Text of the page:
Ease of Management
If you want to set up a data warehousing service that runs itself, choose Snowflake. After connecting to the service, you can start running queries when setting up your data. There is no hardware required.
However, Redshift requires configuration to adapt to your specific set of data. It’s not a set-up-and-go option. Servers must be managed individually and manually.
How to Migrate from AWS Redshift to Snowflake?
Database Objects Migration
The first step is to start with Database objects which primarily include Schema, Table Structures, Views, etc. We should prefer to keep the object’s structure the same instead of making changes while migrating, as it adversely impacts the entire migration process. Later, DB objects must be created in Snowflake with the same structure as Redshift.
This is the most critical activity in migration. The first step is identifying historical data sets for each table and how to migrate them, given the significant data volume.
Create various batches for all tables to migrate data in multiple batches instead of all data in one batch. When historical data for all tables are migrated to the Snowflake, then moving the incremental data will be simple. One approach could be Redshift’s “Unload Command” to unload data into S3 and then use Snowflake’s “Copy Command” to load this data from S3 into Snowflake tables.
Another approach could be using any data replication tool present in the market; raw data from the source system can be migrated using the replication tool and loaded into Snowflake. On top of this raw data, ETL/ELT pipelines can populate facts, dimensions, and Metrics tables on the Snowflake platform.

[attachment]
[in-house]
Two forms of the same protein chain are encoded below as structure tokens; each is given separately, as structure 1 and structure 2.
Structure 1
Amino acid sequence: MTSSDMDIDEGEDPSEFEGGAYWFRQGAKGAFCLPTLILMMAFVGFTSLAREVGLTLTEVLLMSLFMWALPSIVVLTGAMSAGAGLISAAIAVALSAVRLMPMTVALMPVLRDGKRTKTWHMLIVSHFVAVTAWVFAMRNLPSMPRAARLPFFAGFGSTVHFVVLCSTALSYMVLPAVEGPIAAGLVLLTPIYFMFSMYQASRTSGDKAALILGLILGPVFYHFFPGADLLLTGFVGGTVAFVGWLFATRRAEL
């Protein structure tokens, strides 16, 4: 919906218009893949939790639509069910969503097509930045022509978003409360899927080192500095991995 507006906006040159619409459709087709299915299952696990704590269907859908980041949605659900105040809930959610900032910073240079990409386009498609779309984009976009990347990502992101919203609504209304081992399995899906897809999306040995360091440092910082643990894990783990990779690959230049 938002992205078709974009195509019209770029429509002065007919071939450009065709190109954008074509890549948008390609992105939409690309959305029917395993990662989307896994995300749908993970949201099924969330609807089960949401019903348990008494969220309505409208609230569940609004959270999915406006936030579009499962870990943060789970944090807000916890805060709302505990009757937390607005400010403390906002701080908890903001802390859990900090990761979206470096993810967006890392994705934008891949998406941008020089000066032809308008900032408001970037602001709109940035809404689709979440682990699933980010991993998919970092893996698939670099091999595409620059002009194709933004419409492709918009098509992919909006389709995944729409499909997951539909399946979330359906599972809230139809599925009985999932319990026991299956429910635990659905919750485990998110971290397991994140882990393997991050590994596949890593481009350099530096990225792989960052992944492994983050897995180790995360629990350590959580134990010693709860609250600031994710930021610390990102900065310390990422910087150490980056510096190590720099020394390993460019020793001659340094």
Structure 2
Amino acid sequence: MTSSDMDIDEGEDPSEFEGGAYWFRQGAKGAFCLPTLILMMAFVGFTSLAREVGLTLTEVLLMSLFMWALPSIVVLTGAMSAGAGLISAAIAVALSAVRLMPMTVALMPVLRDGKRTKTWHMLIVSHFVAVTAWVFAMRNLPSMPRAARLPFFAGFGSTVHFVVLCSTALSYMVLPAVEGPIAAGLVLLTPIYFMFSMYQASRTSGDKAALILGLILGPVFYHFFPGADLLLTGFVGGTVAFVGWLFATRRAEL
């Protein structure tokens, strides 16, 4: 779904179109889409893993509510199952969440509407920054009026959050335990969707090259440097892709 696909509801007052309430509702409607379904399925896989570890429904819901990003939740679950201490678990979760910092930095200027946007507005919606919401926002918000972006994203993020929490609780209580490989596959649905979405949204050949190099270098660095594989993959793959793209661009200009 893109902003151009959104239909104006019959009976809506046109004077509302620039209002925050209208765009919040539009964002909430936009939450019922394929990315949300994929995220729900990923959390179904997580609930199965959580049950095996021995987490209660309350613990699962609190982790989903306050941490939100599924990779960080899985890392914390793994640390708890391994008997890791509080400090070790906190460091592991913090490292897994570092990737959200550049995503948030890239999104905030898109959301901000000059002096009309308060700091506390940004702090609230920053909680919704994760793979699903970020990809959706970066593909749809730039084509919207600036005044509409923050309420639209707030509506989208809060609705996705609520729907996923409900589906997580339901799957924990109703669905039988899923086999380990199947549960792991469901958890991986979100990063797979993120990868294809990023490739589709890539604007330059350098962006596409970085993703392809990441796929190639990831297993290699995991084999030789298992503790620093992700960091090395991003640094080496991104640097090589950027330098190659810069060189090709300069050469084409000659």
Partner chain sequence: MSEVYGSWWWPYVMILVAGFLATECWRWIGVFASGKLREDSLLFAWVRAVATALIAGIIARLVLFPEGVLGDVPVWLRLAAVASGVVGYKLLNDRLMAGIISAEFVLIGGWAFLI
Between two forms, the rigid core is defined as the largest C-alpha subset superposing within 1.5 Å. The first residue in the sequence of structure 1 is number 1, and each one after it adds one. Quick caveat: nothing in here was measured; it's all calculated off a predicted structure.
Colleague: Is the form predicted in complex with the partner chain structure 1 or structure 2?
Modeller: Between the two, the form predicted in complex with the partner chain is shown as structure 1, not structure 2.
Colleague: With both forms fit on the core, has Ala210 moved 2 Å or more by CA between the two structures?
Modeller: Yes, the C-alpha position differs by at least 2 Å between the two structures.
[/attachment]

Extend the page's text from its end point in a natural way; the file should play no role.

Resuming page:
This step is relatively more straightforward than the above, except for some challenges/limitations. Redshift and Snowflake both support ANSI-SQL but in different formats for various items.
Snowflake has a “VARIANT” datatype for supporting semi-structured data like JSON, AVRO, PARQUET, whereas in Redshift, datatypes like JSON can not be directly stored.
You must create the target table by analyzing the JSON source data to match the JSON field names in Redshift. We must import it directly with a fixed structure. The COPY functions can only parse the first-level elements into the target table. Hence, the multi-level elements are considered strings and loaded into a single column.
Data Comparison Between Redshift and Snowflake
This is the last step for any migration activity to compare the data sets from Redshift and Snowflake to ensure that all migration is completed successfully. Run comparable checks against both the DBs and compare results like record counts, data type comparison, metrics comparison in fact tables, DB object count, duplicate checks, etc.
Moving to the cloud requires planning, strategy, and the right tools for data migration. You can migrate data from Redshift to Snowflake on your own, but the nuances of the process demand significant data engineering knowledge.
OmnePresent, a Snowflake consulting partner, can assist in managing all your data management needs with Snowflake and help you accelerate the migration to the Snowflake platform.